hierarchical text classification using spancat and potentially expanding/hiding label subclasses as they come in context

I have nested labels that follow a structure, if the leaf label is true, the parent is deduced to be true. I would love if prodigy can handle this case. Currently the UI only supports simple flat list of labels making it unwieldy, There are two ways suggested, one to use a flat list as if these are all independent classes, The other way to handle this, is by splitting things into multiple recipes which means each annotator has to re-read the text rather than tagging a specific hierarchy in one go. If the labels are not hierarchical the actual text on the label can't be kept succinct wasting screen real estate. Having a conditional annotation hierarchy really helps mentally organize these classes and annotate with increasing specificity similar to walking a DFS graph and is intuitive for the annotator.
I understand training the classifier is easier with a flat overlapping labels, but the annotation workflow is my primary focus right now, I can easily flatten the hierarchy later for classification if needed.
Also would have preferred if the default annotation component used the space on the screen, currently ~40% space is white/empty and the large number of labels just smoosh the text.

Hi Dhurv,

could you share a bit more about the use-case? Are the nested labels ingredients in a recipe or something else? If I'm able to understand the application better I'm also able to give better advice.

Screen Real-Estate

With regards to screen real-estate, you're able to change the CSS of the interface. You can adapt the global CSS to make adapt the UI elements to your liking.

For example, here's a demo interface with base settings.

But if I adapt my local prodigy.json file to contain:

    "global_css": ".prodigy-container {max-width: 800px}"

Then the container element becomes wider.

Oh Hey Vincent! Nice to meet you here,
Thanks for the reply.
Yes spent some time going through the history of discussions, and I landed on similar settings, another thing that helped increase visibility is if I created color coding into specific root level hierarchies, by coloring the labels. I will be able to share some snaps later, but I think the only way to really make this experience non-intimidating is if the label buttons could expand an area with sublevels, almost analogous to walking down a tree.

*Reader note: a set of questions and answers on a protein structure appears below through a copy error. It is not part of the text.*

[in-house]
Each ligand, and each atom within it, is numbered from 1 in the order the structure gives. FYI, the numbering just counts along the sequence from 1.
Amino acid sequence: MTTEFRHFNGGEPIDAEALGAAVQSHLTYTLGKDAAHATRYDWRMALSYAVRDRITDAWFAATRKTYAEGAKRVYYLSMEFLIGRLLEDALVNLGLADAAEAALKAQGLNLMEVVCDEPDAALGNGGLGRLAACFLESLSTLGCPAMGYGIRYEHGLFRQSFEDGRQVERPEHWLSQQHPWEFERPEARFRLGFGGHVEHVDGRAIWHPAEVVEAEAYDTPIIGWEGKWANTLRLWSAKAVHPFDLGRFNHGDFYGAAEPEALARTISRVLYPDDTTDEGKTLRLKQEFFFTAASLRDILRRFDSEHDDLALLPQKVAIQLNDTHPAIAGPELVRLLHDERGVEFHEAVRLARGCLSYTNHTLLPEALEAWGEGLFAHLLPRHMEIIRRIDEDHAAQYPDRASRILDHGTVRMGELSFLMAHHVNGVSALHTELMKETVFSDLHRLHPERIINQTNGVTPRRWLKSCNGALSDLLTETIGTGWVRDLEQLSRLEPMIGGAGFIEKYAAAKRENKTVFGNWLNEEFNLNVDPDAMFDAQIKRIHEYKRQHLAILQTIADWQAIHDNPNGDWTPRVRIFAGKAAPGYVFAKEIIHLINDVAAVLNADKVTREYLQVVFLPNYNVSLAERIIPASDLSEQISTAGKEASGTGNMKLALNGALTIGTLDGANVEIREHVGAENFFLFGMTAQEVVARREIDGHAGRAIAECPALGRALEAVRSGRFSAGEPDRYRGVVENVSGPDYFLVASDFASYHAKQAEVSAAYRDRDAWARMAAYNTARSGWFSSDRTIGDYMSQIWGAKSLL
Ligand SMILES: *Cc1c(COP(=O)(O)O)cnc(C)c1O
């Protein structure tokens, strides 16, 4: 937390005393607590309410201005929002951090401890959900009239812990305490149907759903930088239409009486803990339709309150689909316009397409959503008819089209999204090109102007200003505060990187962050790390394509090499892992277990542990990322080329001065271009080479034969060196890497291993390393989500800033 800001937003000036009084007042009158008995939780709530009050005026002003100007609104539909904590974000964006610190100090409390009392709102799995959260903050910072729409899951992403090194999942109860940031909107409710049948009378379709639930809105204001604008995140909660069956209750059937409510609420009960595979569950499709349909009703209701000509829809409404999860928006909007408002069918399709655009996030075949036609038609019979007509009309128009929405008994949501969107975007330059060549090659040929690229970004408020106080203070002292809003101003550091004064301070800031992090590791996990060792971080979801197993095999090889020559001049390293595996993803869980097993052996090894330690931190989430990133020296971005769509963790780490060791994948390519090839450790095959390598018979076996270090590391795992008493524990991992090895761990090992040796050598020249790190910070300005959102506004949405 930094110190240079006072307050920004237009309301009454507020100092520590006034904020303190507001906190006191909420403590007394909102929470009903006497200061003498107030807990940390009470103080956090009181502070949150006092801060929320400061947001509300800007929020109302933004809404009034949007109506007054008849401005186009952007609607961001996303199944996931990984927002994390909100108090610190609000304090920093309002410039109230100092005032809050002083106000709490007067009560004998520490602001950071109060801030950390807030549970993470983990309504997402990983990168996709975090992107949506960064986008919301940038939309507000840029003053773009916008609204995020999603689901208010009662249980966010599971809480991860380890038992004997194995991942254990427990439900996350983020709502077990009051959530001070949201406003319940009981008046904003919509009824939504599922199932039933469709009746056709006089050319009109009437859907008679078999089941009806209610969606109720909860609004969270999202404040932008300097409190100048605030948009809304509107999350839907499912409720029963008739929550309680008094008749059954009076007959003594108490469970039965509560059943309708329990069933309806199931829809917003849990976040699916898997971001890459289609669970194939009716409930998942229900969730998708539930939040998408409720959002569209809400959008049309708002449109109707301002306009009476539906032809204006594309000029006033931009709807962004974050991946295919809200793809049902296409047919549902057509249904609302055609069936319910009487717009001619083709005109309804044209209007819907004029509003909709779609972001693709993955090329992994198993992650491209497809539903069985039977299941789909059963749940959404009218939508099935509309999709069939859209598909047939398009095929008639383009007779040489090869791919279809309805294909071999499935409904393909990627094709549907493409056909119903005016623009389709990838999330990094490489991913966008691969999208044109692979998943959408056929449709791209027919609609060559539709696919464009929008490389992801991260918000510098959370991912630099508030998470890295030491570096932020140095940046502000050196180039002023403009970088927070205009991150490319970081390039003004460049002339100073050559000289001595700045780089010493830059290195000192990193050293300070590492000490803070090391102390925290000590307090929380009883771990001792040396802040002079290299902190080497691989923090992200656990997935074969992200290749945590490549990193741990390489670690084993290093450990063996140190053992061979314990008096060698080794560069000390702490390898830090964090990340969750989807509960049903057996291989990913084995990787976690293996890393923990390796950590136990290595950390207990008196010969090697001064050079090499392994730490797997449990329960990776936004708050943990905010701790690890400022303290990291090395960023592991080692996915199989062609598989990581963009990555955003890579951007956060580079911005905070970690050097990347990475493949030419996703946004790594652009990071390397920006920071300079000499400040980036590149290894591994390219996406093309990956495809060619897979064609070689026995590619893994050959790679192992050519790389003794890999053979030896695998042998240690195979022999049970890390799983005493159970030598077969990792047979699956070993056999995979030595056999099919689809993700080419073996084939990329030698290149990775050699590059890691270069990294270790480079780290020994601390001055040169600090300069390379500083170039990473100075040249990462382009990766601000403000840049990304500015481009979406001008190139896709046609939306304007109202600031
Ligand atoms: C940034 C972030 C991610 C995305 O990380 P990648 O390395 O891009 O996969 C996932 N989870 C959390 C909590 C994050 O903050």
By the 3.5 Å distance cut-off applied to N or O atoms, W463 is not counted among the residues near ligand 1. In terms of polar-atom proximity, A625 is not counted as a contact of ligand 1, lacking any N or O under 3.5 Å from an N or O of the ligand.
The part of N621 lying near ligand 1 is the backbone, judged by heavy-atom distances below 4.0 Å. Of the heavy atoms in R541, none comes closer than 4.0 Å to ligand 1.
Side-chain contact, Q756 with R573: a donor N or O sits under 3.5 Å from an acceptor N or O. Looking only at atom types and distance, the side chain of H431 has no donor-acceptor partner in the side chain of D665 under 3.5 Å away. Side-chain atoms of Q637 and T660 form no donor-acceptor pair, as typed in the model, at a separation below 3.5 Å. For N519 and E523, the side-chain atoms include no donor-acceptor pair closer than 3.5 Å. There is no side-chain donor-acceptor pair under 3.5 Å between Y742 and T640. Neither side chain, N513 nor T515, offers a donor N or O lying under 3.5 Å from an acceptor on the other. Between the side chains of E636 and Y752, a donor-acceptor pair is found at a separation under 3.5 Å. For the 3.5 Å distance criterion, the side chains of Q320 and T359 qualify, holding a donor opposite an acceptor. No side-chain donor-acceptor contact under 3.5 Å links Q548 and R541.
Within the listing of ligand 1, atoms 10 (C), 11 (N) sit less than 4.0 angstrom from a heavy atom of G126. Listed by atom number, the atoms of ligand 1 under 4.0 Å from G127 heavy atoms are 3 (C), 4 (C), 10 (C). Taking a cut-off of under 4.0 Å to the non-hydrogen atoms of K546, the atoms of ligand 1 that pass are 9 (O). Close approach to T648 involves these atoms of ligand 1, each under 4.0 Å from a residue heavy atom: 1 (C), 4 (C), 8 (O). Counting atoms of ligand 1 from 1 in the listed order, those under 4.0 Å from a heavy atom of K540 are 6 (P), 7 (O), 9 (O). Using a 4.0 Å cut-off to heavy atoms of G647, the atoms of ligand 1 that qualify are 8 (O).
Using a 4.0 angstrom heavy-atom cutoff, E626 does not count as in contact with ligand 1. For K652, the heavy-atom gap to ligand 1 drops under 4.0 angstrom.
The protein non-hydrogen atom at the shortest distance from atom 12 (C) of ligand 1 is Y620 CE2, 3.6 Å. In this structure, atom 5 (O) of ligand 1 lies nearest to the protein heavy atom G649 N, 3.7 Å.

Here is the prodigy.json settings that I have landed on for the time being.

"global_css": ".prodigy-container {max-width: 100%;} .prodigy-title label { font-size: 12px; font-family: sans-serif!important; font-weight: bold!important} [data-prodigy-label=\"<LABEL1>\"] { background: yellow;} [data-prodigy-label=\"<LABEL2>\"] {background: red;} [data-prodigy-label=\"<LABEL3>\"] {background: blue;} [data-prodigy-label=\"<LABEL4>\"] { background: green;} (continue for all labels)"

Now regarding the use-case. We are dealing with classifying short conversation summary notes from field agents into many overlapping topics that dive deeper into specificity conditioned on presence and absence of a topic hierarchy. Typically these topics interact with each other giving rise to structural patterns, but it is hard to predict how these topics will co-occur until you have done the human annotations. The volume of data is super low < 100 / week but the content is extremely rich > 60 topics of interest, with ~ 5-10 root level topics. We have annotators who read and spend time understanding each note and then like to go across all the topics that they feel are relevant to the conversation and label them. Note that I'm using the term topic intentionally and not classes. When we train our classifiers, they can be more pointed and the notion of classes is derived from a collection of these topics interacting in a certain way. So, in turn we are designing our annotation experience closer to how domain experts think and not necessarily based on a specific recipe or a machine learning experiment, but there is a translation path to those. This helps us make the most use of the annotator time without having to ask them to re-read the same note over and over. Hope that helps with the context.